Ammonia spills during its use as a shipping fuel would be most dangerous to fish in warmer and less saline waters and a lesser extent birds and mammals, a new report has found.
The study into the potential marine environmental impacts from bunkering operations, ship collisions and sinkings found estuaries, mangroves and wetlands are particularly sensitive to potential ammonia fuel spills compared to the polar regions and deep sea.
“Within these habitats, it is typically fish which are most sensitive to an ammonia spill, with birds and mammals to a lesser degree,” said the report from the Environmental Defense Fund (EDF), Lloyd’s Register (LR) and environmental, and engineering consulting company Ricardo.
The study used extensive modelling due to the scarcity of real-world data as ammonia is not yet being used as a marine fuel but is a strong contender as a low-emission hydrogen carrier fuel for deepsea vessels.
Lauren Dawson, senior consultant, water and environment practice of Ricardo, said it was found ammonia is most threatening to fish species and particularly to ecosystems with less saline water and higher temperatures.
“It is therefore important to study the impact of ammonia carefully for particular regions where these habitats intersect with major shipping channels and ports, such as the Strait of Malacca,” she said.
The results were compared to previously studied habitat and species sensitivity to conventional oil-based fuels.
“Overall, an ammonia spill has a relatively smaller dispersion distance and lower persistence within the environment when compared to heavy fuel oil and marine gas oil,” the report concluded.
Oil-based fuels have higher impacts on invertebrates and birds, compared with ammonia, it added.
Ammonia has a medium impact on all other ecological receptors, except bacteria, whereas oil-based fuels have medium impacts on plankton, fish, macrophytes, reptiles and marine mammals.
While the maritime industry has prior experience of transporting ammonia in gas carriers and using it as refrigerant, its introduction as a fuel creates new challenges related to safe bunkering, storage, supply and consumption for different ship types.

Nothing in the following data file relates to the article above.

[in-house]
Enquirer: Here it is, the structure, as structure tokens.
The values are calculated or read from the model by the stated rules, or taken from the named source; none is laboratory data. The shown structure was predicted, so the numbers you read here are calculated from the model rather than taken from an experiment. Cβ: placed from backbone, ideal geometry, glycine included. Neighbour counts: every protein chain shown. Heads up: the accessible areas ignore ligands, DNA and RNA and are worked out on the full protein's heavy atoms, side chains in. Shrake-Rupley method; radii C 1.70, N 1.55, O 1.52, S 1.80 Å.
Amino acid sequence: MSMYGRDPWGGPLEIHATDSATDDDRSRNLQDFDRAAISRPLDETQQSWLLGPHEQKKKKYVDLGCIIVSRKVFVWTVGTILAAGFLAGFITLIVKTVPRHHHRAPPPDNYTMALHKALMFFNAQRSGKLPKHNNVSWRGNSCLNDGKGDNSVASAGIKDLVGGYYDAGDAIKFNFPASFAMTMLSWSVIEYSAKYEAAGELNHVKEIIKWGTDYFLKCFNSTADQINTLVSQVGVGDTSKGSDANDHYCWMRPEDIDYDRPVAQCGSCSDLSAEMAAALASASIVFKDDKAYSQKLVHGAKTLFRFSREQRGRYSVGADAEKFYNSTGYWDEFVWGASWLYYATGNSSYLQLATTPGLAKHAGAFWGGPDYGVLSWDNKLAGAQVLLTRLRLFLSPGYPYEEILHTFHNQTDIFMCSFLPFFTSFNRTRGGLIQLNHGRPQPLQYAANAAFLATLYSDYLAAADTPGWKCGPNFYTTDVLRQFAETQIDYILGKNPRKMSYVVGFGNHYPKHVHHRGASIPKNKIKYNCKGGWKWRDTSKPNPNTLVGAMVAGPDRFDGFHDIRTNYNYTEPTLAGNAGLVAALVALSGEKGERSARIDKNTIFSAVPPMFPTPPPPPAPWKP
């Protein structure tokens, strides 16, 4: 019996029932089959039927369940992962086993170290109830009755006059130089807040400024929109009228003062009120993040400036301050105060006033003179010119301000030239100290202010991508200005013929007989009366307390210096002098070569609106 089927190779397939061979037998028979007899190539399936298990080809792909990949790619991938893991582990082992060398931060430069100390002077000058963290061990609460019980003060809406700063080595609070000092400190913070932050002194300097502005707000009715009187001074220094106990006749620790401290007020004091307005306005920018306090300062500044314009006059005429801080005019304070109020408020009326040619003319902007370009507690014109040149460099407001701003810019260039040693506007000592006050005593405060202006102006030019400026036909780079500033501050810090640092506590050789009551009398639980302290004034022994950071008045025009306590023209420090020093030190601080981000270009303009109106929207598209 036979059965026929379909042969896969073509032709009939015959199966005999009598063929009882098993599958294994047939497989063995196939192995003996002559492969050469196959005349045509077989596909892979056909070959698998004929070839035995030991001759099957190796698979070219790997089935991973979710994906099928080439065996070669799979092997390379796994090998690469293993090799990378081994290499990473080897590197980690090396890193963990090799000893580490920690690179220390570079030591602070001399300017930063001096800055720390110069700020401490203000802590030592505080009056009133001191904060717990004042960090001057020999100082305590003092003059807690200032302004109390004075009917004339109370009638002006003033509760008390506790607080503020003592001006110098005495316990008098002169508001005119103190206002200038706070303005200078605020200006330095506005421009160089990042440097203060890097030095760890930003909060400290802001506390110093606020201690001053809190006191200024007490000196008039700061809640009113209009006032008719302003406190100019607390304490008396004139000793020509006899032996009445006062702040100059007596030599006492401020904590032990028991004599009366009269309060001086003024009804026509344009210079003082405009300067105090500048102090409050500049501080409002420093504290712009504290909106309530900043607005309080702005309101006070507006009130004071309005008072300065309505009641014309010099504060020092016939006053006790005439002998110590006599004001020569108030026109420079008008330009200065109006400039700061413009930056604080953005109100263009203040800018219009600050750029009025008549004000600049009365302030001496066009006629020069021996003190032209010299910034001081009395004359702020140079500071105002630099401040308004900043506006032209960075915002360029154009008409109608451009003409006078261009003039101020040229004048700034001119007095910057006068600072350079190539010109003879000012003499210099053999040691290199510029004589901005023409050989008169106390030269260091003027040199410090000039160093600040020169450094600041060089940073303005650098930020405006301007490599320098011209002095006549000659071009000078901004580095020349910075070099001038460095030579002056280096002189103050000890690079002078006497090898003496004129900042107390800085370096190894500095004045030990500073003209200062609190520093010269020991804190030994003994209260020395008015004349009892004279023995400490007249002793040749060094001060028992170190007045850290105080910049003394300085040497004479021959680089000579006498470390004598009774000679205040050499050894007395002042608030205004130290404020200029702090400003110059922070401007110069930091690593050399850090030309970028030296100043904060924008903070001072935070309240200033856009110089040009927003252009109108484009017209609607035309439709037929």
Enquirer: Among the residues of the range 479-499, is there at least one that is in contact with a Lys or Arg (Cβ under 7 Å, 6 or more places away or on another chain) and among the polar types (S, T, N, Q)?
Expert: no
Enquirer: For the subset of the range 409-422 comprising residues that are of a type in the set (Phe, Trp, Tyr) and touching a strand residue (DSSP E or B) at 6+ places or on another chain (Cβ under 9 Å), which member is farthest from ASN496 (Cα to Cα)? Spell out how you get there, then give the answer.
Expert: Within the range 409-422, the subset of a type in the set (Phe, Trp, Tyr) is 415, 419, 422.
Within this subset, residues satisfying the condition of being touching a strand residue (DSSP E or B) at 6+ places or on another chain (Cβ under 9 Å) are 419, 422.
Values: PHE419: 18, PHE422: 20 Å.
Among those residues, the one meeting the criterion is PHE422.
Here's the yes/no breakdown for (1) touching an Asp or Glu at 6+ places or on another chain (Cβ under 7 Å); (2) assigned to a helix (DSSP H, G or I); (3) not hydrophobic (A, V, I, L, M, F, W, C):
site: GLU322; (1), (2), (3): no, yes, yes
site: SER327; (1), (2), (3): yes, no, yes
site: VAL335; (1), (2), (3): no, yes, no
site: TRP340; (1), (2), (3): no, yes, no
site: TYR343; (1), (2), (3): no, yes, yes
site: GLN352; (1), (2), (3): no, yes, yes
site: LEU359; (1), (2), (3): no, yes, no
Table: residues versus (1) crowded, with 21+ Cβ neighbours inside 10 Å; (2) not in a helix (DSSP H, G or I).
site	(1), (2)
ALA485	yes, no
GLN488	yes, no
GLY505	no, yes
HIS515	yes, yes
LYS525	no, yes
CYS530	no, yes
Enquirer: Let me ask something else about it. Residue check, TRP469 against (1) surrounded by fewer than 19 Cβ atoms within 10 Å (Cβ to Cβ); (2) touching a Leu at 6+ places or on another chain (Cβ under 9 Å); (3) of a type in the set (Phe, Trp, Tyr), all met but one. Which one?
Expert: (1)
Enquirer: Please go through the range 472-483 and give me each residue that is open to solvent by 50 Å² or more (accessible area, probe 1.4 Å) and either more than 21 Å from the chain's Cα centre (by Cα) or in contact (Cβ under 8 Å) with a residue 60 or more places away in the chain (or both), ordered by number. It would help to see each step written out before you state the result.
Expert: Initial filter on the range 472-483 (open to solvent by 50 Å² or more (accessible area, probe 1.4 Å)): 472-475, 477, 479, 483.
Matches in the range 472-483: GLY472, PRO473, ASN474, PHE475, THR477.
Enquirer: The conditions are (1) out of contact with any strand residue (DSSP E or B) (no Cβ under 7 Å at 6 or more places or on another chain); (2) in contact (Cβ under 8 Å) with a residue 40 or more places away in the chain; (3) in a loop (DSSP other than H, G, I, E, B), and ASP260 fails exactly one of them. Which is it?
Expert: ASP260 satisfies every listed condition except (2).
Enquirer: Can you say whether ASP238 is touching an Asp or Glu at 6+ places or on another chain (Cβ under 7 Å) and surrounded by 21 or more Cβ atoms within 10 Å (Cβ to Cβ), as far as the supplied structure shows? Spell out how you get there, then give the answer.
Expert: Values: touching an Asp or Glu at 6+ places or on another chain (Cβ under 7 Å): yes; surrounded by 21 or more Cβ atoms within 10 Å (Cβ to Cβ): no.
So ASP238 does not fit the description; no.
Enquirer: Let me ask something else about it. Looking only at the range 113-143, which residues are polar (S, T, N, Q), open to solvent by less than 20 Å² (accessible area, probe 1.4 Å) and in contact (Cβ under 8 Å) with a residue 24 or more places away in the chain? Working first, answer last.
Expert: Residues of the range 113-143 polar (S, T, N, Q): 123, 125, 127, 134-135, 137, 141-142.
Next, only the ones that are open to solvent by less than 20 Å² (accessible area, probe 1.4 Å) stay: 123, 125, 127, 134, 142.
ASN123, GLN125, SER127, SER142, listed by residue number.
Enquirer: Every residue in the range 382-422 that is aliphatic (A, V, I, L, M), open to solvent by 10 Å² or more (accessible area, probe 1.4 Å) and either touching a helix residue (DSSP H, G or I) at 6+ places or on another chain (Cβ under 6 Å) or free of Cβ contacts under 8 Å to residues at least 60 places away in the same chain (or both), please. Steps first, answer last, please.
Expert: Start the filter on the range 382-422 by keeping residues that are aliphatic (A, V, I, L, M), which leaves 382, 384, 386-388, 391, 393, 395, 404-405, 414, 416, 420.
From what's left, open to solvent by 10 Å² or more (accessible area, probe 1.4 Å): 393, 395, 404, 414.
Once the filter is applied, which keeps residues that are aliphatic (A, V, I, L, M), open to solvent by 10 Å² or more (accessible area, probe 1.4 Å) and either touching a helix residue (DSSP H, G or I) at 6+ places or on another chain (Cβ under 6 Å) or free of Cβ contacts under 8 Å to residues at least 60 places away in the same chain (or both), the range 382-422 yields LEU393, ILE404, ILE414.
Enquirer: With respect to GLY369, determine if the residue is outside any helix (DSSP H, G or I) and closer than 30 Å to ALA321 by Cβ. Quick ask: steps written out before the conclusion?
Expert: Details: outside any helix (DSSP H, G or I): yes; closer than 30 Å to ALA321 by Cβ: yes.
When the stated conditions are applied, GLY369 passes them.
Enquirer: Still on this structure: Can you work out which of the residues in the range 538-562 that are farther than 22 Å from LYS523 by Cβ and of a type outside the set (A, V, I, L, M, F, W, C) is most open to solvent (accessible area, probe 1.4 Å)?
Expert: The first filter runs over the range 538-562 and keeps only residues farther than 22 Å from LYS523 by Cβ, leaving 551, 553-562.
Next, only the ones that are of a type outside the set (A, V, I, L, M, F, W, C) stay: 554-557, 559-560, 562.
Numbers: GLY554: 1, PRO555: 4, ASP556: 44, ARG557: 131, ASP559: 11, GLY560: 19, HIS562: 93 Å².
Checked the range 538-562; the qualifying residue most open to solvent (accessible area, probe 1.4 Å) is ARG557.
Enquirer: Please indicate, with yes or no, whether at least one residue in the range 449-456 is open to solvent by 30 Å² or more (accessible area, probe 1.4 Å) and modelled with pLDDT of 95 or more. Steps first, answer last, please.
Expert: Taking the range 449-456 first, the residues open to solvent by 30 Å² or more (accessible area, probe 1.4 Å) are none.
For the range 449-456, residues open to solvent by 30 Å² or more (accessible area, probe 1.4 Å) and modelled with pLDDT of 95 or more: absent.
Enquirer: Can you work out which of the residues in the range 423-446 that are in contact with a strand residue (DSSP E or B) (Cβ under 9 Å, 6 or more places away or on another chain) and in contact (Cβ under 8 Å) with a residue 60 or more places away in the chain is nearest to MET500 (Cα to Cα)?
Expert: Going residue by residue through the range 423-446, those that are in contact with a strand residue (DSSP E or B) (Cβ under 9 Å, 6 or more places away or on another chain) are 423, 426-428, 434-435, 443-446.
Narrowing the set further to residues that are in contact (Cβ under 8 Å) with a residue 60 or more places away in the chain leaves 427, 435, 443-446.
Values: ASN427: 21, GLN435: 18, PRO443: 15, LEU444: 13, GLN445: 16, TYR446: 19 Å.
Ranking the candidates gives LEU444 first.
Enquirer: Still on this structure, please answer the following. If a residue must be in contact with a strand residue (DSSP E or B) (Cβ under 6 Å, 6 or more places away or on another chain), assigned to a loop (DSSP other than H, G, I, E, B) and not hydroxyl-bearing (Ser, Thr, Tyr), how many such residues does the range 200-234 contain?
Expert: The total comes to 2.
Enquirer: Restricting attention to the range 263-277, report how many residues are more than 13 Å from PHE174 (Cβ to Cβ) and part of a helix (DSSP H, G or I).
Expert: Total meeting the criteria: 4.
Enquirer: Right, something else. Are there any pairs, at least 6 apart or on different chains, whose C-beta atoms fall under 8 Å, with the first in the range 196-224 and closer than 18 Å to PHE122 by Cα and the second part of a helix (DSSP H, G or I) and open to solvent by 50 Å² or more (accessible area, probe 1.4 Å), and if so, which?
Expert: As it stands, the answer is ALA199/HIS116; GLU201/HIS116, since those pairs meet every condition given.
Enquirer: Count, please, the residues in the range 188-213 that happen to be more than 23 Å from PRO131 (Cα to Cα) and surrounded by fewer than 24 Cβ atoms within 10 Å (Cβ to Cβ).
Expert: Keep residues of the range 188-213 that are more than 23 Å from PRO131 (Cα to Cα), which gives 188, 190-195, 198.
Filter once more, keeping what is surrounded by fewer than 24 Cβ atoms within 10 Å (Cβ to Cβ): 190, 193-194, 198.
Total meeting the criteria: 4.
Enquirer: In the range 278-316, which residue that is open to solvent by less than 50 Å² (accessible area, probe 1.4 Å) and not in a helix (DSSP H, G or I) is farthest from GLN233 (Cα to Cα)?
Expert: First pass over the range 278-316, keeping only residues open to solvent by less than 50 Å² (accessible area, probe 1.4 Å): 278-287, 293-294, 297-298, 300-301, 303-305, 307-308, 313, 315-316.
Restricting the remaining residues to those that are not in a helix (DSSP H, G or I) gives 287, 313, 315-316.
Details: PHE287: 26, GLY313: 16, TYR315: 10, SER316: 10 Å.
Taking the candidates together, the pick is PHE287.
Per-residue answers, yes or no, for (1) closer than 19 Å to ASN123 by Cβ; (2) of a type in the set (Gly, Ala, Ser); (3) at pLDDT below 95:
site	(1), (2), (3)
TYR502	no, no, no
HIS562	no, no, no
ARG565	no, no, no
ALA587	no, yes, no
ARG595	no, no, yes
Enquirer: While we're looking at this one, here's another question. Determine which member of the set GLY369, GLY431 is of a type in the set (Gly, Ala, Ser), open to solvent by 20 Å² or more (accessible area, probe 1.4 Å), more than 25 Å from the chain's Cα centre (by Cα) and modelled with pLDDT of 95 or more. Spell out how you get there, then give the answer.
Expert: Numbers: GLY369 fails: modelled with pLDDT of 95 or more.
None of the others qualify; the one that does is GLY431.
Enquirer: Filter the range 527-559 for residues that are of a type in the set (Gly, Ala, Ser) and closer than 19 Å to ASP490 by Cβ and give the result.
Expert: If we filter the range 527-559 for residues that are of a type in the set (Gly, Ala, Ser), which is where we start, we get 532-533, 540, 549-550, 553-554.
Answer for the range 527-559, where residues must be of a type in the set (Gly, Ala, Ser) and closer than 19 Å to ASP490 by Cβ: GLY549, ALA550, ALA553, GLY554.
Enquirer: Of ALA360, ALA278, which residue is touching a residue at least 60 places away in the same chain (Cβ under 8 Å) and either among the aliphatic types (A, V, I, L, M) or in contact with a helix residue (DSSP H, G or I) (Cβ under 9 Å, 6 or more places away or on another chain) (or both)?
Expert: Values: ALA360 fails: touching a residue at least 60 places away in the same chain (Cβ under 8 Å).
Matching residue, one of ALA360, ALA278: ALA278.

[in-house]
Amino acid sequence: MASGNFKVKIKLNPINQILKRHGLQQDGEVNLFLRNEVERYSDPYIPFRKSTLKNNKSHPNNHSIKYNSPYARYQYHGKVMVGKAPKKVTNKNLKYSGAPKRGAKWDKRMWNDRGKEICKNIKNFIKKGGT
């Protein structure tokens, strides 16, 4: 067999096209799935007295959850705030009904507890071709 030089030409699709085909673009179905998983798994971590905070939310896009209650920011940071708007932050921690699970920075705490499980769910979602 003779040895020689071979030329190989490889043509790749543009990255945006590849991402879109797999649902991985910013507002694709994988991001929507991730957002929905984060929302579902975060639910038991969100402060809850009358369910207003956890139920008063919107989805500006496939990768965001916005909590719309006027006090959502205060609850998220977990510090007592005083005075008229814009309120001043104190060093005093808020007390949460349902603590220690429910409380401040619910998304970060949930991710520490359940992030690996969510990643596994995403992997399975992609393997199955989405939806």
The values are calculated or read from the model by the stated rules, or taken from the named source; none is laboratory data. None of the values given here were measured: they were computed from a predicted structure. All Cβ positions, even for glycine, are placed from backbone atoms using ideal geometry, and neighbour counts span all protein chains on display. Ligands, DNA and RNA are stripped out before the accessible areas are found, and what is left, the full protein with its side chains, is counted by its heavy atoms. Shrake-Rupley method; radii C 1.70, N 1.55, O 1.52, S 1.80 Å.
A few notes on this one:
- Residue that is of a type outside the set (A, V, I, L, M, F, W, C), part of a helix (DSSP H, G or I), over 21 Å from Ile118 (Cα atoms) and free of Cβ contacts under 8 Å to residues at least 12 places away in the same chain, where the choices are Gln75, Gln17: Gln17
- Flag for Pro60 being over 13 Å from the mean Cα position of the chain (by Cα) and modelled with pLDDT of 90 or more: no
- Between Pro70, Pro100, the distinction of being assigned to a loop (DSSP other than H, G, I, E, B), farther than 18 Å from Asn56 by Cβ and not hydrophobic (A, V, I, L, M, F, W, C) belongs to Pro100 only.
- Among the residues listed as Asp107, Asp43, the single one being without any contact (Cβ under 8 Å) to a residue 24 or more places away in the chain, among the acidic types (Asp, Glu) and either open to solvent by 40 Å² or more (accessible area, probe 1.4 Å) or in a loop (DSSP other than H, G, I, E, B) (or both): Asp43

Shipping needs to make a rapid energy transition, but the potential toxicity of ammonia cannot be ignored without mitigation measures and solid spill management practices, said Marie Hubatova, director of global shipping for EDF’s global transport team.
“All future fuels come with specific challenges. We have been using oil to power ships for almost a century now and we had to learn how to do so in a safe way. We can't go through the same process with ammonia,” said Hubatova.
“We have to make sure we get it right from the very beginning. We owe it to future generations to ensure we are championing true climate solutions that will not negatively impact our rivers, our oceans or our health,” she said.
Greater clarity about the risks posed to marine ecosystems will allow industry stakeholders to make better-informed decisions on the transition pathways under consideration,” said Andy Franks, senior risk specialist, LR Maritime Decarbonisation Hub.
Further research is needed to evaluate the full range of ecological and health implications, especially to a ship’s crew, including the increased nitrogen deposition from chronic ammonia leakage and combustion by-products to determine its safety, he said.